There’s also an added focus on quality of life, not just symptom reduction.

There’s also a little bit of evidence that doing ACT and working on values, especially, can improve response to exposure therapy.

References

Wharton, E., Edwards, K. S., Juhasz, K., & Walser, R. D. (2019). Acceptance-based interventions in the treatment of PTSD: Group and individual pilot data using acceptance and commitment therapy. Journal of Contextual Behavioral Science, 14, 55–64.

And it allows us to address additional clinical problems at the same time using a consistent theoretical framework. So, for example, if somebody has depression at the same time as PTSD or an alcohol use problem at the same time as PTSD, we don’t have to find a separate treatment to do for the depression or the substance use problem because, in fact, ACT has also been shown to be effective for those problems. So, we can use 1 model to address those problems at the same time.

References

Wharton, E., Edwards, K. S., Juhasz, K., & Walser, R. D. (2019). Acceptance-based interventions in the treatment of PTSD: Group and individual pilot data using acceptance and commitment therapy. Journal of Contextual Behavioral Science, 14, 55–64.

It’s important for treatment decisions to be made based on data. So, first of all, preliminary observational studies do suggest that ACT may be a promising intervention for the treatment of PTSD. For example, there are a handful of case studies examining ACT for the treatment of PTSD by itself or for PTSD and comorbid disorders that showed/demonstrated significant improvement in PTSD symptoms.

References

Orsillo, S. M., & Batten, S. V. (2005). Acceptance and commitment therapy in the treatment of posttraumatic stress disorder. Behavior Modification, 29(1), 95–129.
Thompson, B. L., Luoma, J. B., & LeJeune, J. T. (2013). Using acceptance and commitment therapy to guide exposure-based interventions for posttraumatic stress disorder. Journal of Contemporary Psychotherapy, 43(3), 133–140.
Twohig, M. P. (2009). Acceptance and commitment therapy for treatment-resistant posttraumatic stress disorder: A case study. Cognitive and Behavioral Practice, 16(3), 243–252.

There’s also a pilot study of ACT for co-occurring PTSD and alcohol use disorder and they found strong effect sizes for the reduction of PTSD scores and alcohol-related outcomes. There have also been 2 other open trials that found positive outcomes for reductions in PTSD symptoms, 1 with 30 female survivors of sexual assault and the other with 80 outpatient clients with a variety of traumatic experiences.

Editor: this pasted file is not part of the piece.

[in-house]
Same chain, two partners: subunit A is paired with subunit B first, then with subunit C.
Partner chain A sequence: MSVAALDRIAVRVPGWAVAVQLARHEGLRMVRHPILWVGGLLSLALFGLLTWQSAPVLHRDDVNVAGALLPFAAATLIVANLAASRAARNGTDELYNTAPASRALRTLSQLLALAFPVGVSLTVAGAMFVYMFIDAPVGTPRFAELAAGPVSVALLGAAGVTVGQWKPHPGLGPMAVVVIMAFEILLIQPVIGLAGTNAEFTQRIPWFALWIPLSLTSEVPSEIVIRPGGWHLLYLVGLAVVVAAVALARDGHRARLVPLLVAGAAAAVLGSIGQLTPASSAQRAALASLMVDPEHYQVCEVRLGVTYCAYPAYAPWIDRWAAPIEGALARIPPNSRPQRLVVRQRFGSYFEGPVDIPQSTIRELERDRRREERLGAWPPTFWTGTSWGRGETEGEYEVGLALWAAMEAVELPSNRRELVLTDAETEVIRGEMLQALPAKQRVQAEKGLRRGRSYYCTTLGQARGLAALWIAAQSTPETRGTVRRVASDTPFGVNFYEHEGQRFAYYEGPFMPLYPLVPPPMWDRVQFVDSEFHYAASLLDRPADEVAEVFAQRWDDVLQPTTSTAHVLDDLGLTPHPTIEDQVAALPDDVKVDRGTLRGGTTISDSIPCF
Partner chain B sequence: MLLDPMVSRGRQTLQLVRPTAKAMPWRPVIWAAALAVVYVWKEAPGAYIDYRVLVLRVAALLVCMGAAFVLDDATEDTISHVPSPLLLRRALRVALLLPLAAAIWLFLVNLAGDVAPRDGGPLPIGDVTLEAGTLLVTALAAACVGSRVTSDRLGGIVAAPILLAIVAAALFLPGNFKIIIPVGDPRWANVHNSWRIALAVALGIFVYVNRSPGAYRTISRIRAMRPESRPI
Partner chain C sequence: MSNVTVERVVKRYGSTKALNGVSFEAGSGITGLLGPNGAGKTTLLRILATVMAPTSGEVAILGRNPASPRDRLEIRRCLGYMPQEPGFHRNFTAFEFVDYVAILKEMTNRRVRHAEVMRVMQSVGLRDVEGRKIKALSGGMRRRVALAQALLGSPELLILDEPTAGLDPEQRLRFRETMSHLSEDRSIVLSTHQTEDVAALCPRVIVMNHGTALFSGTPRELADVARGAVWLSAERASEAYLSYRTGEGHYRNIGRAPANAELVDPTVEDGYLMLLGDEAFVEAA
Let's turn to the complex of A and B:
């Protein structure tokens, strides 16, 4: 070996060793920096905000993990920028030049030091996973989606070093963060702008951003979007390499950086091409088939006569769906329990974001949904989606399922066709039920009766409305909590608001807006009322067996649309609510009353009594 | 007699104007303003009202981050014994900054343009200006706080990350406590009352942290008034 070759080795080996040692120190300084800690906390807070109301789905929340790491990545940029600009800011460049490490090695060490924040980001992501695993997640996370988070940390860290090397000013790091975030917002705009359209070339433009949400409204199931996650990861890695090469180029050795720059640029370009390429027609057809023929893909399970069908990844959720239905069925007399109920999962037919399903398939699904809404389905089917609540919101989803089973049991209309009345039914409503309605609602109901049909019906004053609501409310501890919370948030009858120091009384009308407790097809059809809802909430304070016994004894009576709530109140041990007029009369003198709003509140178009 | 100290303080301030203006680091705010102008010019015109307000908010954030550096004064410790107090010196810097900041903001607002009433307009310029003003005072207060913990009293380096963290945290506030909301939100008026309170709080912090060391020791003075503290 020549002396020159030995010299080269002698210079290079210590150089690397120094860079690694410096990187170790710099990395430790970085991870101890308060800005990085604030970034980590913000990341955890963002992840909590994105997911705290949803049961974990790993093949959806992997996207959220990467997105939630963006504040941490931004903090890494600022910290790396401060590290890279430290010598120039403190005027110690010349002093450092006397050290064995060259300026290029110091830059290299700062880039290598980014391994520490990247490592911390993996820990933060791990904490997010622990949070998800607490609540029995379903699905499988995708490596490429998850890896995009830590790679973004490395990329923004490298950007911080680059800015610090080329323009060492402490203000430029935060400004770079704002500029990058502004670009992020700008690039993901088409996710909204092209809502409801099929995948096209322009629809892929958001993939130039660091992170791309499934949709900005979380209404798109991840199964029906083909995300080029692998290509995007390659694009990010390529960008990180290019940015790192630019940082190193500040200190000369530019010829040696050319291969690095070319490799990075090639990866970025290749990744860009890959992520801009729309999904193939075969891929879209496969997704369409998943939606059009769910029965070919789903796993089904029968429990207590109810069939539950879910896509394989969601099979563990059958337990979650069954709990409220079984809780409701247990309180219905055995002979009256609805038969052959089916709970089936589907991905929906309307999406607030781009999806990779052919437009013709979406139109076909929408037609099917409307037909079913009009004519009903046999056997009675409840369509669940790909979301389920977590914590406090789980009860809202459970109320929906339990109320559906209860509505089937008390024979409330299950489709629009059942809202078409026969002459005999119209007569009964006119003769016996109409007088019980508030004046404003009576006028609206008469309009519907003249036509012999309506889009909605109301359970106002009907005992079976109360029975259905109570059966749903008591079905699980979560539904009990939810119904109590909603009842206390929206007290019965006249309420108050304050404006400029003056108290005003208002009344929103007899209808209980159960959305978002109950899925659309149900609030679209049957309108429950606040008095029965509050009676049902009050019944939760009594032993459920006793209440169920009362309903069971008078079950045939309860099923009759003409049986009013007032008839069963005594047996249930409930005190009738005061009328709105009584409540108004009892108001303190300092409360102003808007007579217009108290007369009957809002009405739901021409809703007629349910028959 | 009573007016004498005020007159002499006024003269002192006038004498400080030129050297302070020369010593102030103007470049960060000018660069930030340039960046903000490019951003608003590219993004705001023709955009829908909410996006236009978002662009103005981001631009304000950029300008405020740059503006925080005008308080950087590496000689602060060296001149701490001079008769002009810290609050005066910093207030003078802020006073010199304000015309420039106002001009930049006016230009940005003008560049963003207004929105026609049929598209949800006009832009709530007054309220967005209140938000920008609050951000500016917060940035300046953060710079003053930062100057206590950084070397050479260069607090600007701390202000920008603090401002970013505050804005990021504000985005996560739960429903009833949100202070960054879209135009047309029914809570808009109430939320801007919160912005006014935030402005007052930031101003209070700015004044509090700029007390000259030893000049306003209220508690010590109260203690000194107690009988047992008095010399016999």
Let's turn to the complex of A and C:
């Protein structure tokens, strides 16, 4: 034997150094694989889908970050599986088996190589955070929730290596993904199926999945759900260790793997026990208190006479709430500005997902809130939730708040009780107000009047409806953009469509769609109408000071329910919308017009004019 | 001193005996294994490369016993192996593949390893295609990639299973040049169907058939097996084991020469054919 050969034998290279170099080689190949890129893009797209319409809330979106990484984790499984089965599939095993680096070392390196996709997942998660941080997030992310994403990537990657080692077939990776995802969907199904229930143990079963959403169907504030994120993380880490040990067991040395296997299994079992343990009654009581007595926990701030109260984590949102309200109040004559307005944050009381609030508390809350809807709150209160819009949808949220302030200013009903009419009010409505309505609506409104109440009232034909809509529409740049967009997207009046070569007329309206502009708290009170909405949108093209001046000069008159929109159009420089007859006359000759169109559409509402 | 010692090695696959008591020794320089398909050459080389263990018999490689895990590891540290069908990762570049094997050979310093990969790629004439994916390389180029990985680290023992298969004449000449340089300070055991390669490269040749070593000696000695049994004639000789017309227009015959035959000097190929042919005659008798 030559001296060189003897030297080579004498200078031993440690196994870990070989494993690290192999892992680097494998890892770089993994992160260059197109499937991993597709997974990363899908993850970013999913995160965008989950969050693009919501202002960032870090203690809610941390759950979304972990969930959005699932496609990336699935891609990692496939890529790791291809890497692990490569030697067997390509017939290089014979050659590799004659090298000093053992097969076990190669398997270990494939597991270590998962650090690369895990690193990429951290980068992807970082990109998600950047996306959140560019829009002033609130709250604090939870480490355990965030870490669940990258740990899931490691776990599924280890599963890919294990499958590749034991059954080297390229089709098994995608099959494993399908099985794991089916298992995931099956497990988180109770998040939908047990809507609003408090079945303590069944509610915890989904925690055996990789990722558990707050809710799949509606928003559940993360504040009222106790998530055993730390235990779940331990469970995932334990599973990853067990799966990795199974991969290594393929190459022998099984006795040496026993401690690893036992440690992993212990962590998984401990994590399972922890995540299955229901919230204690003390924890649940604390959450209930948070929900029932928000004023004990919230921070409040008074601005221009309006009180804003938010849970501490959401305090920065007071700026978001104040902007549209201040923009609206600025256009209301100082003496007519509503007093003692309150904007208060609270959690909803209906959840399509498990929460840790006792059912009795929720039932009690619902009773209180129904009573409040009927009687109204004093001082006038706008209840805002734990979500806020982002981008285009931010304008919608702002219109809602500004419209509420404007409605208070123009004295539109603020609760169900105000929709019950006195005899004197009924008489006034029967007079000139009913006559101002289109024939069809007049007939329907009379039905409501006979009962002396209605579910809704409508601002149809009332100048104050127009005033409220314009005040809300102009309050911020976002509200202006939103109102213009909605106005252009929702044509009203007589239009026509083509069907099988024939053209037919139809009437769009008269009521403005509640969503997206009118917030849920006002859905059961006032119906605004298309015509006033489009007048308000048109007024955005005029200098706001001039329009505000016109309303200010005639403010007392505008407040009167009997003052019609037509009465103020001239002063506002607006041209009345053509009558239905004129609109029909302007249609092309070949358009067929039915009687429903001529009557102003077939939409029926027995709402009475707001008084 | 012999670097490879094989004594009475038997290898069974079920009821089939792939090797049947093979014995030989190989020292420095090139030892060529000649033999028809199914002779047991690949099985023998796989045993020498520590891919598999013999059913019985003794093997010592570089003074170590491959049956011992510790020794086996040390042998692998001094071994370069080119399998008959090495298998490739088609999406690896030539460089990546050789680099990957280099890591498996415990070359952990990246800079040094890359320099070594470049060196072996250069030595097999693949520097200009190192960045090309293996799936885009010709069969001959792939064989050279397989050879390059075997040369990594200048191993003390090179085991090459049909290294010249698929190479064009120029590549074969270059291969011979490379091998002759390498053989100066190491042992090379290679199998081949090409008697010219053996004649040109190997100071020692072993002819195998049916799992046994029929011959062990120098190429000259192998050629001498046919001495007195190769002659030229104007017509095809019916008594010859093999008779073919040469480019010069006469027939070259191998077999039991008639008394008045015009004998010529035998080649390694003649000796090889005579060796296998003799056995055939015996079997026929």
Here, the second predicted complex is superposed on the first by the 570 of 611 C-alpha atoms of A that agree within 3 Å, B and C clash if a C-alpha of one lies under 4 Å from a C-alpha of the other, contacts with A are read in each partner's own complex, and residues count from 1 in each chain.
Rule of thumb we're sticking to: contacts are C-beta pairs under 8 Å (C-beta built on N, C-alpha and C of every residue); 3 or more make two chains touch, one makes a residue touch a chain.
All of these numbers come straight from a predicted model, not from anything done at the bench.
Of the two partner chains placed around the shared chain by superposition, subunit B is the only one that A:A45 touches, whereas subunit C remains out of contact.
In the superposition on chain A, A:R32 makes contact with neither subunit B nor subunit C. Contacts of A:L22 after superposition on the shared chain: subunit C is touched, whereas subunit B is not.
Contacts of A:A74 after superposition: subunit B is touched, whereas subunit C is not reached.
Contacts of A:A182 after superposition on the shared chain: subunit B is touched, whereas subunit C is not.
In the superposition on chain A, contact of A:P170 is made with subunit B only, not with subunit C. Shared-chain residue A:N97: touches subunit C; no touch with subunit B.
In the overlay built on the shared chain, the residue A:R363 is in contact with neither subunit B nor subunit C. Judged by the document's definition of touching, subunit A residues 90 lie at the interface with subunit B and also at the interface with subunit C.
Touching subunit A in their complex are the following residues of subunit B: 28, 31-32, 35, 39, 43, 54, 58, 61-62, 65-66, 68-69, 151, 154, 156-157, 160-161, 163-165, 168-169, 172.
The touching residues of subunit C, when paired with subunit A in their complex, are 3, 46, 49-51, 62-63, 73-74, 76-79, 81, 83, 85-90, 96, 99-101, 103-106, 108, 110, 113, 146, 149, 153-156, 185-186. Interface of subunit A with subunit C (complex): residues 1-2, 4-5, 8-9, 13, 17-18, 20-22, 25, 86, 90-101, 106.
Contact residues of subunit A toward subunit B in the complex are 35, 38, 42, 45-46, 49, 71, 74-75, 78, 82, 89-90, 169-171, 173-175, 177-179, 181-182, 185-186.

References

Orsillo, S. M., & Batten, S. V. (2005). Acceptance and commitment therapy in the treatment of posttraumatic stress disorder. Behavior Modification, 29(1), 95–129.
Thompson, B. L., Luoma, J. B., & LeJeune, J. T. (2013). Using acceptance and commitment therapy to guide exposure-based interventions for posttraumatic stress disorder. Journal of Contemporary Psychotherapy, 43(3), 133–140.
Twohig, M. P. (2009). Acceptance and commitment therapy for treatment-resistant posttraumatic stress disorder: A case study. Cognitive and Behavioral Practice, 16(3), 243–252.

And finally, correlational studies have found that measures of increased acceptance, psychological flexibility, and decreased thought suppression have been associated with improvement in PTSD symptoms as well as reduced anxiety and depression.

References

Orsillo, S. M., & Batten, S. V. (2005). Acceptance and commitment therapy in the treatment of posttraumatic stress disorder. Behavior Modification, 29(1), 95–129.
Thompson, B. L., Luoma, J. B., & LeJeune, J. T. (2013). Using acceptance and commitment therapy to guide exposure-based interventions for posttraumatic stress disorder. Journal of Contemporary Psychotherapy, 43(3), 133–140.
Twohig, M. P. (2009). Acceptance and commitment therapy for treatment-resistant posttraumatic stress disorder: A case study. Cognitive and Behavioral Practice, 16(3), 243–252.

So, to summarize some key points. There are several existing treatments for PTSD that are effective. However, they are not universally effective or accepted. And ACT addresses the limitations of some of these treatments while still incorporating effective components such as exposure. ACT can be applied to the full range of emotional experience post trauma.

And even better, it addresses quality of life above just symptom reduction. And preliminary studies show that ACT is effective for posttraumatic problems such as PTSD and substance use problems.

More ACT for PTSD presentations